CAPTURE THE LEADER AND THE BAND OF THIEVES WILL DISINTEGRATE. BE FIRST TO STRIKE.
擒贼先擒王，先下手为强 qín zéi xiān qín wáng xiān xià shǒu wéi qiáng
This commonly used Chinese saying would mean to attack and capture the enemy's leader or key person as one of the most effective ways of winning.
CHANCES APPEAR AND DISAPPEAR WITHIN THE BLINK OF AN EYE.
良机稍纵即逝 liáng jī shāo zòng jí shì
The chance to crack open the enemy defense for a win or neutralize a potential threat would not be obvious and easily missed. This saying would also apply to life where the opportunity to win or accumulate gains may only appear quickly.
CHESS IS BUT A GAME MADE OF WOOD. IF YOU LOSE, START A NEW ONE!
棋是木头块，输了再重摆 qí shì mù tou kuài shū liǎo zài chóng bǎi
This saying would advise a person not to take losing too seriously. Life goes on!
CONSOLIDATE ONESELF BEFORE ATTACKING.
固己而后攻入 gù jǐ ér hòu gōng rù
先固己，再攻人 xiān gù jǐ zài gōng rén
This saying exemplifies Sun Tzi's teachings of putting oneself in a position that one may not lose and wait for the chance to win. It does not mean that one should not attack. Rather, it encourages attack after one has made sure that his defense can withstand ambushes or counterattacks from the opponent.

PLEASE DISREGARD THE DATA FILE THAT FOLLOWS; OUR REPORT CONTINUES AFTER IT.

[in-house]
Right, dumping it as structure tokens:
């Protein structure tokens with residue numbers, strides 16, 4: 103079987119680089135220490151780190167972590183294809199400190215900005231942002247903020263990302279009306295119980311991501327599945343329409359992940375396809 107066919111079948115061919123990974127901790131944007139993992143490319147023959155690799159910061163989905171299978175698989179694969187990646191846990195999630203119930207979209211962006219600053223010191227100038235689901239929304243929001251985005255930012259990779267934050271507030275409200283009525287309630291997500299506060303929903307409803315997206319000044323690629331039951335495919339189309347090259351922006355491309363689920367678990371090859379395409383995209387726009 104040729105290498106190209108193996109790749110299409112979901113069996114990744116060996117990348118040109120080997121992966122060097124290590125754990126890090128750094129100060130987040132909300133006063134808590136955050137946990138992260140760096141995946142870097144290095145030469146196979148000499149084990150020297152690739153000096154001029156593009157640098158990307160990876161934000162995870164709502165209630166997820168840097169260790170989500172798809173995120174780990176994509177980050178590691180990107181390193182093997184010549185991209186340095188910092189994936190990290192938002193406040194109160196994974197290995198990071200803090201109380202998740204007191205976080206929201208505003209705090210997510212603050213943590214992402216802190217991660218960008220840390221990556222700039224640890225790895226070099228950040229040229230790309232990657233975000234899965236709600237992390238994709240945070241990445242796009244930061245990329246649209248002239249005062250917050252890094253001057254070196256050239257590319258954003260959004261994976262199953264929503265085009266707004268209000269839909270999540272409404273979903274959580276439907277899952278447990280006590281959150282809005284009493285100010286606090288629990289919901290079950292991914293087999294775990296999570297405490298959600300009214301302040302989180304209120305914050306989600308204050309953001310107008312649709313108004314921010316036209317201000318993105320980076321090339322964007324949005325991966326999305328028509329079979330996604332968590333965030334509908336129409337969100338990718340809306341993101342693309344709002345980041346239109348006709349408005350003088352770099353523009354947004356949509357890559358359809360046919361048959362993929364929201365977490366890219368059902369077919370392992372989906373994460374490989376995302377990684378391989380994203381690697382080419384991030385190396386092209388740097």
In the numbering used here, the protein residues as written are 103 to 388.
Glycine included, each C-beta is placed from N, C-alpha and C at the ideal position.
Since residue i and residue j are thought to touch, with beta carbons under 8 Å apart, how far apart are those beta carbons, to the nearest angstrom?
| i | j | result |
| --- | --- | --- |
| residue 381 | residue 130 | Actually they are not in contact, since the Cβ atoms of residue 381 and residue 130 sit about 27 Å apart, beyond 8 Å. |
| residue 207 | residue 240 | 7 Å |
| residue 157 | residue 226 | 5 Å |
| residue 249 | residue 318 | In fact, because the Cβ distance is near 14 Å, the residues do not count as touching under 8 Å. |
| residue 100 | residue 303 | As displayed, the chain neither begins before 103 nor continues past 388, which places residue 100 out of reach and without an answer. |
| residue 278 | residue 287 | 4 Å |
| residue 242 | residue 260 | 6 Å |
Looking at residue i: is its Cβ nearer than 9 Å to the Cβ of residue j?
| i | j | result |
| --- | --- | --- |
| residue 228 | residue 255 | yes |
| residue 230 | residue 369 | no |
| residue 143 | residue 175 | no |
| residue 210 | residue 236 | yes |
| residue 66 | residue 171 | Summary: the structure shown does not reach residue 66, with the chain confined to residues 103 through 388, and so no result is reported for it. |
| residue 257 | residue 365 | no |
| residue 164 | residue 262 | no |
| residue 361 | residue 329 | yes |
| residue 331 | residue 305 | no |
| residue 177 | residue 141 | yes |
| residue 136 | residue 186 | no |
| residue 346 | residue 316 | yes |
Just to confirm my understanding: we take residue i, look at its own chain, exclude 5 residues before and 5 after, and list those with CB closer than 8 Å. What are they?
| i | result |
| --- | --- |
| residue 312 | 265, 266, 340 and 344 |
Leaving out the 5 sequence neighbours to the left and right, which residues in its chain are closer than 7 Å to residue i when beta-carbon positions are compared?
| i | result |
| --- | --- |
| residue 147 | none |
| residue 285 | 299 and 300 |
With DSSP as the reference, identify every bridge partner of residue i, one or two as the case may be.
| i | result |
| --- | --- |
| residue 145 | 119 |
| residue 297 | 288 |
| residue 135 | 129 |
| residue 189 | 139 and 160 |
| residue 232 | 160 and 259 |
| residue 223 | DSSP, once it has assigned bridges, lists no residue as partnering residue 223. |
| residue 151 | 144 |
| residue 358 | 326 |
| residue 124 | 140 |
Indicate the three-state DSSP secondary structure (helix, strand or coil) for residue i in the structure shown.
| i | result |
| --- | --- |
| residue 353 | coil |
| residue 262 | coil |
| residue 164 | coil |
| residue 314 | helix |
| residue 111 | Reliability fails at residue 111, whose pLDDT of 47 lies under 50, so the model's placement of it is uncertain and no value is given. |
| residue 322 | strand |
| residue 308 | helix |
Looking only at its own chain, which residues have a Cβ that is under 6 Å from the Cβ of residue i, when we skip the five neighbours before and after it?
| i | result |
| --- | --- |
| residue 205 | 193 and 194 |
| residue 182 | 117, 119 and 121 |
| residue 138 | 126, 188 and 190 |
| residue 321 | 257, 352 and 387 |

DO NOT BE GREEDY AND CAPTURE ENEMY BAIT.
不贪食饵兵 bù tān shí ěr bīng
DO NOT HURRY TO FINISH THE OPPONENT.
临杀勿急 lín shā wù jí
临杀勿燥 lín shā wù zào
This saying does not necessarily mean that one should be rash and try to force a kill in a winning position. Rather, it stresses the importance of being careful and wary of the possible counterattacks or swindles that a desperate opponent might attempt. Patience is desired even when winning.
DO NOT STIR UP TROUBLE AFTER WINNING.
棋胜不闹事 qí shèng bù nào shì/yíng qí bù nàoshì
This saying emphasizes the importance of being a gentleman and not to be conceited after winning, for the arrogant would be easily humbled. A win does not mean much if one does not have the character to go with it. And Xiangqi, after all, is still a gentleman's game.
EVEN WHEN THINGS LOOK PEACEFUL, BE WARY OF SNEAK ATTACKS.
居安思危,谨防偷袭 jūān sī wēi jǐn fáng tōu xí